About Our Tradition - Lila

I: What does the term lila refer to.

J: I use the word 'lila' rather than story, because generally when people hear the word story they think of something fictitious. Often in books about India, when trying to translate the word lila, they use the word “mythology”. But that too has the connotation of something imagined. Srila Prabhupada conveyed to us, using authorized and highly philosophical explanations found in the sacred writings of our Vaisnava tradition, that the lila, or activities of the Lord, when He appears in this world, are not imagination.

Many people have heard of the Mahabharata and Ramayana. The Srimad Bhagavatam is less world famous, but like those literatures, it describes how Lord Krishna appears in the world. He comes to attract everyone by displaying His captivating activities just as they are in the spiritual world. Of course this is an enormous and intricate subject matter, that I cannot explain in the space of this interview.

I: You spoke earlier about “attaining the spiritual dimension”, how does this relate to your art work?

Click here for mor einformation on the Srimad Bhagavatam.

J: After our first visit to India , my husband and I had the good fortune to return and spend many years in Vrindavana. I spent a lot of time travelling around the area, visiting different places related to Krishna’s lilas. When we came to live in Australia, I missed Vrindavana very much, and wanted to remember all that was special about the place. I filled our house with as many pictures of Vrindavana as possible. Then this small deity of Gopinatha unexpectedly came, and His presence created opportunities for me to use my artistic inclination in depicting the stories, or lilas as well. My desire was, to still keep part of my attention focused on the holy places and lilas, whilst living here in Perth.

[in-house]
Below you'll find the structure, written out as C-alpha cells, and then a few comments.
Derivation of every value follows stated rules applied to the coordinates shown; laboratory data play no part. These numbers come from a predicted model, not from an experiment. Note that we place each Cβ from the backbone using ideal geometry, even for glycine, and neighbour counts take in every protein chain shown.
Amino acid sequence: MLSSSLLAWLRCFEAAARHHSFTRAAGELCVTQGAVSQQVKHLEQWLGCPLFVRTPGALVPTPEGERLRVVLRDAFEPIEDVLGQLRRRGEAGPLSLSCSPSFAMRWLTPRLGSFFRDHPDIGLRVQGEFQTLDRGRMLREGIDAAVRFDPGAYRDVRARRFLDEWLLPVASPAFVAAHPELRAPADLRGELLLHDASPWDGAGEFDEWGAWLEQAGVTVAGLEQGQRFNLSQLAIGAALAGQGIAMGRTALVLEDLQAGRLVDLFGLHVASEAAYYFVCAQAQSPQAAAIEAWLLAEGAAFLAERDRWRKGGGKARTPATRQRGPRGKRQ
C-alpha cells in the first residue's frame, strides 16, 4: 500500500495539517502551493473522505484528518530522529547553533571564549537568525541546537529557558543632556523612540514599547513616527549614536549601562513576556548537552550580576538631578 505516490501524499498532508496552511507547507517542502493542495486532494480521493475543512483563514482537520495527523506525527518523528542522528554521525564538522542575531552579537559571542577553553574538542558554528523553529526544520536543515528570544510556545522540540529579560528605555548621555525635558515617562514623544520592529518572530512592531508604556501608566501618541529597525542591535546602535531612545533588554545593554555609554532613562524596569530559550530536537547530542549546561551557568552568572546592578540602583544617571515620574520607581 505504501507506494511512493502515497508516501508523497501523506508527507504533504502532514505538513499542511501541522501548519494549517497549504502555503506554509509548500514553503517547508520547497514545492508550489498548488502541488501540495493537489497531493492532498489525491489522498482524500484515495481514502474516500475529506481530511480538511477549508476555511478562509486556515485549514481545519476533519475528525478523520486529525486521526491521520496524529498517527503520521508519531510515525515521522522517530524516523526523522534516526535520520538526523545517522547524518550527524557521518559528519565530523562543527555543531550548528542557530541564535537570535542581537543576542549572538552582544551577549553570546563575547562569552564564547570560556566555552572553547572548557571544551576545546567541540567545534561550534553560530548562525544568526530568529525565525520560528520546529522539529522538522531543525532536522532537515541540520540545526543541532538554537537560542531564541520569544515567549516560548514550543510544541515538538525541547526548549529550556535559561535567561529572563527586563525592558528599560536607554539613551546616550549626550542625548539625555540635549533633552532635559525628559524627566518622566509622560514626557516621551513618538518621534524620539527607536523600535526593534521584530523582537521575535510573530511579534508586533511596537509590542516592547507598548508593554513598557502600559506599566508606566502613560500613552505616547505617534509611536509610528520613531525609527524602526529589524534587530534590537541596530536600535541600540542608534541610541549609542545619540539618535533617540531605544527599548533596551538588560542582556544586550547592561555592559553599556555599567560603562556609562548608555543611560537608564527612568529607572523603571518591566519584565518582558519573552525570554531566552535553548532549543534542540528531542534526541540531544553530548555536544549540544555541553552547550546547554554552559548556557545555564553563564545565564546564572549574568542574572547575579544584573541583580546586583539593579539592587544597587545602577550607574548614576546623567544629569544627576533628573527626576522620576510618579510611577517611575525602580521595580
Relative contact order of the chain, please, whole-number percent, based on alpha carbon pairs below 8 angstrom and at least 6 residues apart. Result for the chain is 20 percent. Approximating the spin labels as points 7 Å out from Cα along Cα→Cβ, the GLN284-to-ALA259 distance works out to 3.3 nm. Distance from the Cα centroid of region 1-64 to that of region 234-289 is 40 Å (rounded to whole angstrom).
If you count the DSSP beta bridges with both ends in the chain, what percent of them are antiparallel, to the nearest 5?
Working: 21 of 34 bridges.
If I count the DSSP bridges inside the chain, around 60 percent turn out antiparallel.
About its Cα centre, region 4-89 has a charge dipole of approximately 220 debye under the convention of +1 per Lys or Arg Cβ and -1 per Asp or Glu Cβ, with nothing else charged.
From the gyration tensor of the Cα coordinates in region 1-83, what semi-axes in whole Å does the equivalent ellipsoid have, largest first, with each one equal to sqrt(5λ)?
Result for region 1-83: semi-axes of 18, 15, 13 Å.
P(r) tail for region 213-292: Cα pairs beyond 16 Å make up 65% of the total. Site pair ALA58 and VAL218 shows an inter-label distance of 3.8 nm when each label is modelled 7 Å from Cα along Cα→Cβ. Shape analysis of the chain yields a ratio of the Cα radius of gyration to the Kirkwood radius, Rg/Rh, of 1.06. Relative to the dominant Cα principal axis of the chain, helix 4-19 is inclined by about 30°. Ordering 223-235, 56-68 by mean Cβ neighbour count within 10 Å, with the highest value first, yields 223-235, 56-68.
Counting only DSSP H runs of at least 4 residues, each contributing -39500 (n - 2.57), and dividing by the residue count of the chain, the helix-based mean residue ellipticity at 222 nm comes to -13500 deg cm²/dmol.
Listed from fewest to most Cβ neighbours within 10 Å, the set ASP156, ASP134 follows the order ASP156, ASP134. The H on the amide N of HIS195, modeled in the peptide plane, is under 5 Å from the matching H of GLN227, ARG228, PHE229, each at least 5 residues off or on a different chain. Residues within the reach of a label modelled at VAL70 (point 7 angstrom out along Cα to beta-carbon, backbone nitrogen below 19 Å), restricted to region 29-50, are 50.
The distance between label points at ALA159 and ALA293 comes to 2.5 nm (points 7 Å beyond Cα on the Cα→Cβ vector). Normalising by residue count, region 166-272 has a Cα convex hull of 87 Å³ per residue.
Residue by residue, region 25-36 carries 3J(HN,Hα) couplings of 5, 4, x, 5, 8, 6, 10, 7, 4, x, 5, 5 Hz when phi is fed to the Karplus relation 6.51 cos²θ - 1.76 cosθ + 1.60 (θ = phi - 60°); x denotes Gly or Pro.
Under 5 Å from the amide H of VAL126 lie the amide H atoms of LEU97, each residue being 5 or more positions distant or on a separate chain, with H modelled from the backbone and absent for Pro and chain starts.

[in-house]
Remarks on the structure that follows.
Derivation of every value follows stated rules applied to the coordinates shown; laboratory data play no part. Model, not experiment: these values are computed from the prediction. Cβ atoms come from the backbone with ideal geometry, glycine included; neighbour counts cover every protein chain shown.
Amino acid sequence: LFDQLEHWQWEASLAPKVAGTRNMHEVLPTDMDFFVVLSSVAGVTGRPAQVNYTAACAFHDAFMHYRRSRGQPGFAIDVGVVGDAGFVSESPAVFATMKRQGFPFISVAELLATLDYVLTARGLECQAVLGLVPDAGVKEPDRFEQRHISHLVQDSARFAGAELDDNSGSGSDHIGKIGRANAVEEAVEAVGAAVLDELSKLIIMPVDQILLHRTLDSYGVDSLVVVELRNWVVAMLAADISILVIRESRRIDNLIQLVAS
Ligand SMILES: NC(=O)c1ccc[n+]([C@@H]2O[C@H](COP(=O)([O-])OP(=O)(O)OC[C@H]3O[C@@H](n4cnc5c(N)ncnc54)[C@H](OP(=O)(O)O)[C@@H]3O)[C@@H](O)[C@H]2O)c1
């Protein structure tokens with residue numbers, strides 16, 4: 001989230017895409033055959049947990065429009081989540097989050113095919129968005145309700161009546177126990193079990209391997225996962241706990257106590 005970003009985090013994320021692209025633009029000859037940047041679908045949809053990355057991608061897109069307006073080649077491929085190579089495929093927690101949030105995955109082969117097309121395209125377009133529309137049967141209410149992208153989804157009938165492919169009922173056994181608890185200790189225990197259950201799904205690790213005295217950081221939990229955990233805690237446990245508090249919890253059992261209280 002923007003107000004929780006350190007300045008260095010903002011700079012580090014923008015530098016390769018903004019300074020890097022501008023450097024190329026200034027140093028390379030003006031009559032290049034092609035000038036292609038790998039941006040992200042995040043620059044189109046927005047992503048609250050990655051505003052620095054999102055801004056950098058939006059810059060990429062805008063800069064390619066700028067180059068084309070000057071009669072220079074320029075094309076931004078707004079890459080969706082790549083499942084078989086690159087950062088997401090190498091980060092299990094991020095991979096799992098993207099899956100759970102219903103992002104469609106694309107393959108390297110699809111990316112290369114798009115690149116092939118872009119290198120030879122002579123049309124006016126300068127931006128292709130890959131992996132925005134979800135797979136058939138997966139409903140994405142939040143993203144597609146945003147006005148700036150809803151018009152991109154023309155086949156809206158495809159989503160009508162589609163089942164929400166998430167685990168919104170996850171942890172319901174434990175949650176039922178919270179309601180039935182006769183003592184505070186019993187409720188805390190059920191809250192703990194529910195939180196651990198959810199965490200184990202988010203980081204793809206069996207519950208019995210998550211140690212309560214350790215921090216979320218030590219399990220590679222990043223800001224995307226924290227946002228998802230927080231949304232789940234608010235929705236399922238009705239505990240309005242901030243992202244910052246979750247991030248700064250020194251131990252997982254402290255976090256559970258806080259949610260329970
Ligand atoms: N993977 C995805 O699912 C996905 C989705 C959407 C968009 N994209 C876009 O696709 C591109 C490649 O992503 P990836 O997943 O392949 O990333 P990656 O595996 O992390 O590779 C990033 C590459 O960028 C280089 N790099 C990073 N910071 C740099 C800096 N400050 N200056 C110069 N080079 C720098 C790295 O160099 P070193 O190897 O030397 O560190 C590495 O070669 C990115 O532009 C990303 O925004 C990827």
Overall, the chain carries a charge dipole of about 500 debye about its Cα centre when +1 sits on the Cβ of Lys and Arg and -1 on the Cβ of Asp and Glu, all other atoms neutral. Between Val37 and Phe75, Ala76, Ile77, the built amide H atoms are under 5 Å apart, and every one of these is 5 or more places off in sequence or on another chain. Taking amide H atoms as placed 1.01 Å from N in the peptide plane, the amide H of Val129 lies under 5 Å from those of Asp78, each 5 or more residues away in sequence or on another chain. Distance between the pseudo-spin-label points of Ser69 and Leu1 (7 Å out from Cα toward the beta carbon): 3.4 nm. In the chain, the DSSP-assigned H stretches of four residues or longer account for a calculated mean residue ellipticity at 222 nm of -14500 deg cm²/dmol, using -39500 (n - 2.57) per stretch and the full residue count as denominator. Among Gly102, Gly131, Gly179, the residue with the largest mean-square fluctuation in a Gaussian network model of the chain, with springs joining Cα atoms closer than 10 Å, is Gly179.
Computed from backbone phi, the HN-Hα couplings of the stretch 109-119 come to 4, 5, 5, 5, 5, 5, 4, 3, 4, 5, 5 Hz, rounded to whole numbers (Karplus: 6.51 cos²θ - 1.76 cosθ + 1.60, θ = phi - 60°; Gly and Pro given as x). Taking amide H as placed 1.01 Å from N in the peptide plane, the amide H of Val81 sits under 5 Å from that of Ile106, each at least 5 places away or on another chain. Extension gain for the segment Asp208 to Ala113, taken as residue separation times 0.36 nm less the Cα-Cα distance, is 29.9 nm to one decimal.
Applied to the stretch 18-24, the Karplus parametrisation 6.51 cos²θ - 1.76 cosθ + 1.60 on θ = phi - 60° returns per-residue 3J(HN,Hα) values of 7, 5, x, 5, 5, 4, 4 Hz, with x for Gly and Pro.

But to answer your question, the process for attaining that transcendental, spiritual dimension is centered around sravanam, kirtanam and smaranam. Sravanam means to hear, kirtanam means to express what you have heard, and then to remember or meditate on what you have heard and expressed, is called smaranam.

This is the way to develop the desire within one’s heart to attain that dimension. I can give you an ordinary example. If someone starts telling me how nice it is in Hawaii, and I listen to them enough, I will start to think about Hawaii. If that thought comes to the point of expression, I will talk about it too. And, after hearing and talking about Hawaii, naturally I’ll think about visiting. As that attraction grows and grows, the next step is that I’ll book a ticket and go and see it for myself!
So the art for me has two levels. One level is that it’s a very satisfying way for me, at this time in my life, to use artistic inspiration and expression. But there’s more than that, because there’s also a personal wish to develop some realizable experience of the spiritual places beyond this world. I think for me the second level is stronger.